Unique Laws Around the World

There are many different interesting laws worldwide, especially those that have been created many years ago. Regulations can range from a bit odd to straight-up bizarre, which can be found in every nation. Below we will look at some of the unique laws worldwide, as featured in an article on The Lawyer Portal.

  1. In the Salmon Act of 1986, Parliaments made it illegal to hold salmon under suspicious circumstances. 

Unfortunately, you read that correctly. Section 32 of this act states that holding salmon under suspicious circumstances is no longer allowed. This law is specific to Wales and England, making it an offence for anyone who receives or even disposes of salmon in areas where it is likely the salmon could be or has been illegally fished. Penalties range, but the most a person can experience is up to two years in prison. The context behind the legality makes more sense once it is explained; however, it is still interesting to imagine someone being arrested while holding a piece of salmon.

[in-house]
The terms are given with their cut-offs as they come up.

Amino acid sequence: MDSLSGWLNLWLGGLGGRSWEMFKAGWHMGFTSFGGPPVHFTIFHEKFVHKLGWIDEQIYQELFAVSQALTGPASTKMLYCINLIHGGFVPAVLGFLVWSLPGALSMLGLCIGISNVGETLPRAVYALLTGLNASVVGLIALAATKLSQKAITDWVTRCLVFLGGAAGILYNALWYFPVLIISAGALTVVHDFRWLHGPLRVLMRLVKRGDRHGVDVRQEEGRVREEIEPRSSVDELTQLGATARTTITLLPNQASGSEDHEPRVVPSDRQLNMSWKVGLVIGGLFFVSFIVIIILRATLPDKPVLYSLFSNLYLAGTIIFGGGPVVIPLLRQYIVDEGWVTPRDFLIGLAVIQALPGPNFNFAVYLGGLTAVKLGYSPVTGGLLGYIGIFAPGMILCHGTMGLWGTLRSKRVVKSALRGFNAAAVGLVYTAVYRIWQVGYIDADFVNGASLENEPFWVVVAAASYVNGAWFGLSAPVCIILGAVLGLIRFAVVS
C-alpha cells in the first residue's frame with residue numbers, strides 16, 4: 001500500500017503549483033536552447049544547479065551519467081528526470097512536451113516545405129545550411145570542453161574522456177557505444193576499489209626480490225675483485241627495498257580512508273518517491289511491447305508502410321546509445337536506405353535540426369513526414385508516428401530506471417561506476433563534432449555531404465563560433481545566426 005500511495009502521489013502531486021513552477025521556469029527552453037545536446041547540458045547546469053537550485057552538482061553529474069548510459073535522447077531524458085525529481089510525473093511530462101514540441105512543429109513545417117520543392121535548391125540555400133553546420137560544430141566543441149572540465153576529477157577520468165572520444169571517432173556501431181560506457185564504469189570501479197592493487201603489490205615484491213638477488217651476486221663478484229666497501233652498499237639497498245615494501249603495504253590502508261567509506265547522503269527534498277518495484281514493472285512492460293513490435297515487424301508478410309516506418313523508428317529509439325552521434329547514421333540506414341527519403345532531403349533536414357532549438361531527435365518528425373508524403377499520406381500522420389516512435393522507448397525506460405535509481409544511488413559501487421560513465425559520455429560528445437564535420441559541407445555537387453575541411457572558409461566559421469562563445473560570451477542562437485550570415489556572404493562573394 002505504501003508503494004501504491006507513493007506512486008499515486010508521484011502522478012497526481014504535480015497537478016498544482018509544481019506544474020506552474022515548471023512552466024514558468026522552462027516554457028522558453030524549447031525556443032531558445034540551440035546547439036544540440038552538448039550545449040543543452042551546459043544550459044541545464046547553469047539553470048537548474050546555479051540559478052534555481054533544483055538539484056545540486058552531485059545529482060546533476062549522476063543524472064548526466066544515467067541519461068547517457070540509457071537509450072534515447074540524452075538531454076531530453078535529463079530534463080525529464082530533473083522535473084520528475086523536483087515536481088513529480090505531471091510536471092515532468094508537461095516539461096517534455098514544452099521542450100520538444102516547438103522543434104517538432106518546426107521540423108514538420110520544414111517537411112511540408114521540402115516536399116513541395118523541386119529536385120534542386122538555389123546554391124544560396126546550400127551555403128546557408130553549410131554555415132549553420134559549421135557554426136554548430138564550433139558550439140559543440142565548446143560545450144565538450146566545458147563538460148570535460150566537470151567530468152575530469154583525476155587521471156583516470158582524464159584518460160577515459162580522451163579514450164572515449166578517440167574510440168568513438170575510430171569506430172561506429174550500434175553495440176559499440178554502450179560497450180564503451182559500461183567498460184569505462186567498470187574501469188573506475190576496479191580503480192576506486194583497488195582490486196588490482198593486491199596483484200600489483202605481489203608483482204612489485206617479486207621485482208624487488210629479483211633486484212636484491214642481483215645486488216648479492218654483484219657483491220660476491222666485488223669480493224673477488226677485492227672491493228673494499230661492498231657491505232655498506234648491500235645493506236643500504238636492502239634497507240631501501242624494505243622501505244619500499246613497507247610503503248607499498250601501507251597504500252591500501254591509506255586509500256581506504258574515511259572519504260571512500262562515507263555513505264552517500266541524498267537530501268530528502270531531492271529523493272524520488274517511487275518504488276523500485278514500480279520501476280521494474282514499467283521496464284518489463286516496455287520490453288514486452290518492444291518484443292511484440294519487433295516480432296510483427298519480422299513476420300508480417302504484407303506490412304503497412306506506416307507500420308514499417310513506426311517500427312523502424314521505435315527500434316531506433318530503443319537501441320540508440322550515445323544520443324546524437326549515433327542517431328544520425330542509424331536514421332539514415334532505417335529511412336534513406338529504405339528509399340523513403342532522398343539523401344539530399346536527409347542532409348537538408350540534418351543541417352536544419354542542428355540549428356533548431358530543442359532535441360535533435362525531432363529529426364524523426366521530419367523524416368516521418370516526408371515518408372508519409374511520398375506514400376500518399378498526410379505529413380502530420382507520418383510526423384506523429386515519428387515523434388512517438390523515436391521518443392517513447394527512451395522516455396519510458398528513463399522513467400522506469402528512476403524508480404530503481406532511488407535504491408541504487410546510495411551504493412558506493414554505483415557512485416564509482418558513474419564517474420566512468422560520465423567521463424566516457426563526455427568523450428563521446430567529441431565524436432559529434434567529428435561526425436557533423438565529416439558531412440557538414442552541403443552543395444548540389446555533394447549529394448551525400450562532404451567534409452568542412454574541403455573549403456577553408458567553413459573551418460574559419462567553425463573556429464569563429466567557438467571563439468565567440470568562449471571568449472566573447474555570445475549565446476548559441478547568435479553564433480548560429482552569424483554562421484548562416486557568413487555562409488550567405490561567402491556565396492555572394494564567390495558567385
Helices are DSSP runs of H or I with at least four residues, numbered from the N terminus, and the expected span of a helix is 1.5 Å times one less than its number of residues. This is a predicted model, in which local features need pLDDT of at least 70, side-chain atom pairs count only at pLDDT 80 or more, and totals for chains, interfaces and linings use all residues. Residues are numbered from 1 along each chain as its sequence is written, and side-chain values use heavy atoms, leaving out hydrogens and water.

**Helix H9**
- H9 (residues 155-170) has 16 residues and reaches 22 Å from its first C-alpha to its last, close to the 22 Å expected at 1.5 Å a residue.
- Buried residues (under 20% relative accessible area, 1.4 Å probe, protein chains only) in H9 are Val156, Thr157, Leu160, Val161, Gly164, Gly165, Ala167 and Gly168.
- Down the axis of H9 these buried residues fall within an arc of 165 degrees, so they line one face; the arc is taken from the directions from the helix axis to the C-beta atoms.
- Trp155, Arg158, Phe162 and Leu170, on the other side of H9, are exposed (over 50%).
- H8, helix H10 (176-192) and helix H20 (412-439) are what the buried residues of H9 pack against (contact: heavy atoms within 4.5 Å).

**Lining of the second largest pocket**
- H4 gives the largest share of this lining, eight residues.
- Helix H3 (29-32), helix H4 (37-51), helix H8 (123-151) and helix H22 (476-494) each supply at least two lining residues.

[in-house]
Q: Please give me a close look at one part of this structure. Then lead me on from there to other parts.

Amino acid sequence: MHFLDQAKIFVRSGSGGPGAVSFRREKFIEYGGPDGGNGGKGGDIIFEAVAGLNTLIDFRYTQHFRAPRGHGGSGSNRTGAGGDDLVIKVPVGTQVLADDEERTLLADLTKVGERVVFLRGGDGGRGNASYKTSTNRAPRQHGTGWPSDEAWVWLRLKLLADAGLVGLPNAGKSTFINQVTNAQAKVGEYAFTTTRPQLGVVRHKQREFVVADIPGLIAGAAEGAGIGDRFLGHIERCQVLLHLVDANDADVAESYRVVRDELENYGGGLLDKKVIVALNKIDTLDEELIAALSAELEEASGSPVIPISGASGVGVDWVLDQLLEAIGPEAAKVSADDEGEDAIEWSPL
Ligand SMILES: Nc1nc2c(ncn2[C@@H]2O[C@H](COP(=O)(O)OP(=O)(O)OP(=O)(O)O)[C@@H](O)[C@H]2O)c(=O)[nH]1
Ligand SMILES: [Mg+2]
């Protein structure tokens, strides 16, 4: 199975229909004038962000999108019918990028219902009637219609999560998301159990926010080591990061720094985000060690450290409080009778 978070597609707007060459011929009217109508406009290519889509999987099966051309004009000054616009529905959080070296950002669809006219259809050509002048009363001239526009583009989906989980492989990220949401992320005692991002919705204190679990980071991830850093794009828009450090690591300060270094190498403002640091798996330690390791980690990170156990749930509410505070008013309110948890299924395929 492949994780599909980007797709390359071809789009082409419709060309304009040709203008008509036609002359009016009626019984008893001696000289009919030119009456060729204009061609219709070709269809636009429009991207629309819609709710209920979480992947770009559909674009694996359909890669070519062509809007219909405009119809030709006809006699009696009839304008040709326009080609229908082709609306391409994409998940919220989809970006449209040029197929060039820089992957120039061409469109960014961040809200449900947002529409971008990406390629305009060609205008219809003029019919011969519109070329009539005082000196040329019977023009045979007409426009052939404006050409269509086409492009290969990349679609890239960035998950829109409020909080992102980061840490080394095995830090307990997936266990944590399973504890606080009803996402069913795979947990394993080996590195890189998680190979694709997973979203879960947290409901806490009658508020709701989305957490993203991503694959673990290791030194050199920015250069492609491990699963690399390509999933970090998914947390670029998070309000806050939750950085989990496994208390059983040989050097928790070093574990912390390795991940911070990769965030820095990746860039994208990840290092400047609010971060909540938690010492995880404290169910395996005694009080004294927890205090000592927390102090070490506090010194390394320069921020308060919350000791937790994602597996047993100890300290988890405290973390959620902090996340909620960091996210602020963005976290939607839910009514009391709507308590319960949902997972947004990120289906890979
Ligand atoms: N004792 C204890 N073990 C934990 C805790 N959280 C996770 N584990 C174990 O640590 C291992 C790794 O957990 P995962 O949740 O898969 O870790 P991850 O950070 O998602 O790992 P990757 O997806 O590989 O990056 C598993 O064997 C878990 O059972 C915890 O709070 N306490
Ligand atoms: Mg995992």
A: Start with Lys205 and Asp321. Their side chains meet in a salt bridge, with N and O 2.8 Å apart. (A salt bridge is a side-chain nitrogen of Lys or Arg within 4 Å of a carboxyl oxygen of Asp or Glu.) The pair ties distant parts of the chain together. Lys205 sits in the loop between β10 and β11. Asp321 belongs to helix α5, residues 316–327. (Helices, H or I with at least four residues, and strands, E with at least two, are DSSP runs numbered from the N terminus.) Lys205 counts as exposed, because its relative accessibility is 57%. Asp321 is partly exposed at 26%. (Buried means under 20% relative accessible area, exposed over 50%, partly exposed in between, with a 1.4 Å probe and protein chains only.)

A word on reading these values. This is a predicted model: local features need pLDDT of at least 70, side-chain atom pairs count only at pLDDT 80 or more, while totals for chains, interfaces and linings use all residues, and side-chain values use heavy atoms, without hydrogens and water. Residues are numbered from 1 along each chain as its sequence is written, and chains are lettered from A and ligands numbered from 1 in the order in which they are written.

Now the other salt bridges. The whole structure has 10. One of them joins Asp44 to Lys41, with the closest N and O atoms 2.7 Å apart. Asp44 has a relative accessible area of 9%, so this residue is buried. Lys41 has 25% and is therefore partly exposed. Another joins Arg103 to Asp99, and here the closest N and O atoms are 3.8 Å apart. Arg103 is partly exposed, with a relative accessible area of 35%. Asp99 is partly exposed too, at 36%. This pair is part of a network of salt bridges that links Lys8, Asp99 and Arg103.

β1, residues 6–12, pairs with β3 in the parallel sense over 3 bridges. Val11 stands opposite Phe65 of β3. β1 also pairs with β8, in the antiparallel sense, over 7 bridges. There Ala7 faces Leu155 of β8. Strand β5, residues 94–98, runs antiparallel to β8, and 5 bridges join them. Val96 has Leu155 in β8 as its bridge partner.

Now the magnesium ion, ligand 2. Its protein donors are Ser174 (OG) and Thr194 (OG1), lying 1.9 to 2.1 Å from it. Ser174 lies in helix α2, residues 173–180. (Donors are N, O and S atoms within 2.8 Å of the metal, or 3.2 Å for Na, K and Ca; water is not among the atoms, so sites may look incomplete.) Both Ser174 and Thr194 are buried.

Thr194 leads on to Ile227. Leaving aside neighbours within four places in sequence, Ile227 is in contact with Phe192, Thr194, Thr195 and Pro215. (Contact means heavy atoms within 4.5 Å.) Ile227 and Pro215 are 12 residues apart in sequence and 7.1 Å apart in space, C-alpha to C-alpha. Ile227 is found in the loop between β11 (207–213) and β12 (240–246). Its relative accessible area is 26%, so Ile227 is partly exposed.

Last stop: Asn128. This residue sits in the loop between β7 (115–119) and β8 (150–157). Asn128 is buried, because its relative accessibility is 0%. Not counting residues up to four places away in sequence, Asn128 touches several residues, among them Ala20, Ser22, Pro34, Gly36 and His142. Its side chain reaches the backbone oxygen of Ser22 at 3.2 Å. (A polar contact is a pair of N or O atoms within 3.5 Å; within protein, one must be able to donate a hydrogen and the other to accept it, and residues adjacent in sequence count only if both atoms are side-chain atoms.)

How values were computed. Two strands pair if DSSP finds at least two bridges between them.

2. As the owner of chickens in Quitman, Georgia, be sure to keep them from crossing the road. 

Although this concept has become a generational joke, letting chickens in your property cross the road in Quitman is a grave offence. The government encourages owners to have control over their chickens at all times. If you think about it, this makes a lot of sense, considering that letting animals run about along the streets could cause great chaos; however, the specificity of chickens makes for an exciting picture. In addition, Georgia prides themselves on maintaining the sacredness and safety of their chickens, and other parts of the state have unique chicken-based laws as well. Considering that Georgia truly values the chicken, it becomes less surprising that they want to avoid any accidents stemming from them on the roads. 

3. You must smile at all times unless you are at a hospital or funeral while in Milan, Italy.

This particular law is very peculiar. While Italians are known for their friendly demeanour, it is quite intense that the law upholds this as a requirement. This law stemmed from Austro-Hungarian times and was never repealed. The exception to the rule is that staying bedside for an ill family member or friend at a hospital, being a hospital worker, or a funeral goer releases you from this requirement.

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